CD3+ T cells isolated from tumor were stained with 5 μM carboxyfluorescein succinimidyl ester (CFSE). Afterward, MDSCs isolated from ZQT-treated tumor-bearing mice (Z-MDSCs) or from control-treated mice (C-MDSCs) as effector cells were incubated with purified T cells as well as CD3 and CD28 antibodies at E : T, 0 : 1, 1 : 1, 1 : 2, and 1 : 4, respectively, for 72 hours. APC anti-mouse CD8 antibody was added before detection and incubated for 30 min. Flow cytometry was used to quantify 72 h of CFSE dilution. Proliferation of the cells was quantified as the average number of divisions for all cells in the culture (division index) using FlowJo software.

2.17. T-Lymphocyte Degranulation Assay

The LLC cell line and CD3+ T cells isolated from the tumor of mice in all groups were adjusted to cells/mL and cocultured at E : T, 100 : 1. The CD107α antibody and its isotype control were added and incubated for 5 h at 37°C and 5% CO2. Then, CD3 and CD8 antibodies were added before being incubated for 30 min in the dark. The amount of degranulated cells was quantified using FlowJo software. Data were acquired and analyzed on CytoFLEX using a CytoExpert software (Beckman Coulter).

2.18. Cell Apoptosis and Cell Circle Assay

CD3+ T cells or MDSCs isolated from tumor were resuspended with binding buffer. Annexin V-FITC and PI were added in CD3+ T cells or MDSCs before being incubated on ice for 30 min in the dark. For cell cycle analyses, G-MDSCs were stained by propidium iodide (PI) under the manufacturer’s protocol. The results were quantified using FlowJo software.

2.19. Statistical Analysis

All results were analyzed in GraphPad Prism Version 7.0. The survival curve was assessed using the log-rank (Mantel-Cox) test. Multiple comparisons were performed using one-way ANOVA with Tukey’s comparison test. Statistical significance was indicated as follows: n/s = nonstatistical significance; ; ; and .

3. Results

3.1. The Orthotopic Mouse Model of Lung Cancer Was Successfully Established by Intrapulmonary Injection of Lung Cancer Cells

There is a theory in TCM which states that TCM treatment is “according to the etiology of the disease, using the corresponding drugs.” In other words, since Chinese herbal formula ZQT is used to treat pulmonary diseases in clinics, we should aim at the orthotopic tumor of the lung, rather than the subcutaneous tumor to explore its antilung cancer effect, which emphasizes the importance of the disease site. Therefore, we first generated an orthotopic lung cancer mouse model to imitate the clinical situation, instead of subcutaneous inoculation. Since using chemicals to induce a spontaneous lung cancer mouse model is time consuming, we compared in situ modeling methods such as intrapulmonary injection, bronchial infusion, thoracic injection, and tail vein injection. Luciferase-labeled Lewis lung cancer (LLC-Luc) cells and Matrigel suspended at a 1 : 1 ratio and inoculated directly into the lungs of mice (Figure S1) can efficiently generate lung nodules in mice with less time, low mortality, and fewer tumor cells, and can also be sensitively detected using live imaging. We intrapulmonarily inoculated cells in each C57BL/6 mouse. The mice rested for three days to recover from the surgery. On the fourth day after tumor cell inoculation, we started to take optical images of the mice. We found that a weaker fluorescent signal appeared in the mouse chest on the fourth day, while a stronger signal was detected on the 28th day after surgery, indicating that the signal was enhanced in a time-dependent fashion (Figures 1(a) and 1(b)). We euthanized mice after live imaging on day 28 and immediately harvested the mouse lung tissues. We found that there were visible nodules in the lungs, which corresponded to the luminescence signal in the mouse chest (Figure 1(c)). Besides, H&E staining of these lung tissues was performed, and the results indicated that the lung nodules we saw anatomically were histologically confirmed to be neoplasms (Figure 1(d)). The above data demonstrated the feasibility of the orthotopic lung cancer model established by intrapulmonary injection of luminescence-labeled cancer cells and provided a basis for our subsequent investigation.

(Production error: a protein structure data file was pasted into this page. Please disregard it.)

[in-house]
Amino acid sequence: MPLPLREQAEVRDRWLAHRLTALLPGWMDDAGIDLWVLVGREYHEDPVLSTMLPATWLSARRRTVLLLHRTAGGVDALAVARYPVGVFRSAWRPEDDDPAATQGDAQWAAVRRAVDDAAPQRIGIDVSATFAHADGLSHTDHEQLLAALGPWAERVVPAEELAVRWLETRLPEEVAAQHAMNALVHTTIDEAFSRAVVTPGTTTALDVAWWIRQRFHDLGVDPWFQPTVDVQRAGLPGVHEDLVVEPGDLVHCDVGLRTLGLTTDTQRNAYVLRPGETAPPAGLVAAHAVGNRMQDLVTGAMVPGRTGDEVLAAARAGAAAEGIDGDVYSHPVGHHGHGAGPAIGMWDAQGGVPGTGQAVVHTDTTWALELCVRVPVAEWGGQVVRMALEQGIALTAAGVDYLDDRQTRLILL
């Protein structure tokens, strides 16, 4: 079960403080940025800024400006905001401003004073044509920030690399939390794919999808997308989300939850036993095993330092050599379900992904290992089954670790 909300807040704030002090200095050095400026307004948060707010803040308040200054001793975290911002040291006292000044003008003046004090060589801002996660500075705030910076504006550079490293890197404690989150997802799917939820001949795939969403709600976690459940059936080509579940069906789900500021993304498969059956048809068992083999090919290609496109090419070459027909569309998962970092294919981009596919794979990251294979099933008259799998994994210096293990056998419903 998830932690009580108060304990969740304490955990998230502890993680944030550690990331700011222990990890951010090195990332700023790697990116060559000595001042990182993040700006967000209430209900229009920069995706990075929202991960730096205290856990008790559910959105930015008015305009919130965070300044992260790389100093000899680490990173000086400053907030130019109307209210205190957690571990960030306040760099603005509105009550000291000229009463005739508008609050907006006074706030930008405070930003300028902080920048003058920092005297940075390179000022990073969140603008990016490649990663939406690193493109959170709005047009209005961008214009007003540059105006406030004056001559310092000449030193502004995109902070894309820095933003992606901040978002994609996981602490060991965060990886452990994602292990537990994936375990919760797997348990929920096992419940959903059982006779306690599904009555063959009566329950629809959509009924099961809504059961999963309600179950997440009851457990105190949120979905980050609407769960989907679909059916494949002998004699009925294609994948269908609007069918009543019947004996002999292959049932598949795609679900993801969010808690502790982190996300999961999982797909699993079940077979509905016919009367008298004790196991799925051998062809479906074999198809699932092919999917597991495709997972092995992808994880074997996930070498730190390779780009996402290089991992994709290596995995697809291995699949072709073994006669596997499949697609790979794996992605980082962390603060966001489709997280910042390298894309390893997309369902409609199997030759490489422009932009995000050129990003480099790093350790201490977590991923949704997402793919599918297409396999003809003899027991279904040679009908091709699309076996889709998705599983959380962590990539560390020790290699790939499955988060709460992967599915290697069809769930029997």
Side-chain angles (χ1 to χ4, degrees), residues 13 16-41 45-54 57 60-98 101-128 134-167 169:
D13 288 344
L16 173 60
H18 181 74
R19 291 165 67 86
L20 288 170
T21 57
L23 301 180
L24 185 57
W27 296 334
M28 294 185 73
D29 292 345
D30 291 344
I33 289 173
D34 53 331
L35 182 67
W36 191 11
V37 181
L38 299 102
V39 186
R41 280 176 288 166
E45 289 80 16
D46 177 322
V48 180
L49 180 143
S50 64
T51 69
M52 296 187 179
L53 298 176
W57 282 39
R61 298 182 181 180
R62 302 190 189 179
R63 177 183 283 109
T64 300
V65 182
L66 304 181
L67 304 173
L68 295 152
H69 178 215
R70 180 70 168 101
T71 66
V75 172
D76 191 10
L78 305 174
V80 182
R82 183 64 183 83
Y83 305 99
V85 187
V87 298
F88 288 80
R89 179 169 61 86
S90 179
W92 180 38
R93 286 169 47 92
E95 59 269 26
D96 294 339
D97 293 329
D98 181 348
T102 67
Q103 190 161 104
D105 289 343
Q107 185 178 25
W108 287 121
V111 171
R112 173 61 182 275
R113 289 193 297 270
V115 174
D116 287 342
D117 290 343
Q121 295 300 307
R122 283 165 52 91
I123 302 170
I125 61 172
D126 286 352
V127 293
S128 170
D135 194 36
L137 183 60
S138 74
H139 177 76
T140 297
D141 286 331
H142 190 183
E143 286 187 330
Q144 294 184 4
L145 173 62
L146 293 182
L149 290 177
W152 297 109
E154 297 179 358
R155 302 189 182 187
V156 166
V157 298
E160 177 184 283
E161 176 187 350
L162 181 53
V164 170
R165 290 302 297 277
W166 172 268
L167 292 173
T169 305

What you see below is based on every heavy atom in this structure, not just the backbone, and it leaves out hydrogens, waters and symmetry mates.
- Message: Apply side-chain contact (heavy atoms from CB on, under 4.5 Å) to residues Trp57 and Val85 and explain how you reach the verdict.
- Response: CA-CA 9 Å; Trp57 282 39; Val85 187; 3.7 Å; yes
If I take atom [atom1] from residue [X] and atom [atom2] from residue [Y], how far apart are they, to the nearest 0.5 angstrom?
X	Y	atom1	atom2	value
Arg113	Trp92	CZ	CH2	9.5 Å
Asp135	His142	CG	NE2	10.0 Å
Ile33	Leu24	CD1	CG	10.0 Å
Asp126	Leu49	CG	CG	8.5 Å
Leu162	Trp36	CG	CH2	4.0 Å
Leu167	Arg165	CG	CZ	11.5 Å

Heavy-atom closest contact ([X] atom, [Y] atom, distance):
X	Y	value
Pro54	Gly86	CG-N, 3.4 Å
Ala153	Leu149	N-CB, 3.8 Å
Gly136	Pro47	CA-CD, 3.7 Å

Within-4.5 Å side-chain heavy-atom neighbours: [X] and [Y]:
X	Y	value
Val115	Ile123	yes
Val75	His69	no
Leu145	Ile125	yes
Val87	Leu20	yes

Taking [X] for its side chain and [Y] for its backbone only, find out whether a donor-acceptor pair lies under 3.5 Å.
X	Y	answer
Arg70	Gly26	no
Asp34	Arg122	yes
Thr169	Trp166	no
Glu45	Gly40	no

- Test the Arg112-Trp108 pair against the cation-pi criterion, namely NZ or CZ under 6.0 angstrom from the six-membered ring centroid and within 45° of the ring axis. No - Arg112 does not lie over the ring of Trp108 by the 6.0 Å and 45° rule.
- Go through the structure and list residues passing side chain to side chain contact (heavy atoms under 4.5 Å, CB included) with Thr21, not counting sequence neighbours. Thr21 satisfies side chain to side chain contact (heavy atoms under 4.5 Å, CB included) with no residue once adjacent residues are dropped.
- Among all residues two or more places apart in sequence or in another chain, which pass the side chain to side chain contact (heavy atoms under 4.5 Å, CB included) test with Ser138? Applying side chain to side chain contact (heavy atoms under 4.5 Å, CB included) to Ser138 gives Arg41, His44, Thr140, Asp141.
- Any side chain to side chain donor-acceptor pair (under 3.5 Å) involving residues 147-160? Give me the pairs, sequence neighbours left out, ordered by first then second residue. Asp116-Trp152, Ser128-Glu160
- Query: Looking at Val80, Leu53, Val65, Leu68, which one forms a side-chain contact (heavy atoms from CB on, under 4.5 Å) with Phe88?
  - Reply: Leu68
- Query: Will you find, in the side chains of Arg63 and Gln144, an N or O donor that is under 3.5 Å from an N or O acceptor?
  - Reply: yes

3.2. The Medium Dose of ZQT Possessed the Most Potent Antitumor Capability

Based on our previous work, we determined the dosage of the lyophilized powder of ZQT for mice according to the proportion of human consumption, and set three dose groups: high, medium, and low. Oral administration was initiated on the 4th day after the surgery of mice at a dose of 200 μL per mouse, once a day, for 28 consecutive days. We first observed the effect of ZQT on the survival of tumor-bearing mice and found that the medium-dose and high-dose groups of ZQT can significantly prolong mice survival, especially in the medium-dose group (Figure 2(a)). Live imaging was also applied on the 4th day after surgery once a week for 4 weeks. Based on the living image data, the luminescence signal was remarkably inhibited in mice lungs in the ZQT medium-dose group compared with that of the saline control group, which supported our previous results (Figures 2(b) and 2(c)). These findings implied that, among the three doses, it was the ZQT medium-dose treatment that prolonged the survival of lung tumor-bearing mice. Therefore, we chose this dose for all succeeding experiments.

3.3. ZQT Reshaped the Immunogenic Tumor Microenvironment by Eliminating MDSCs and Enriching Antitumor T Cells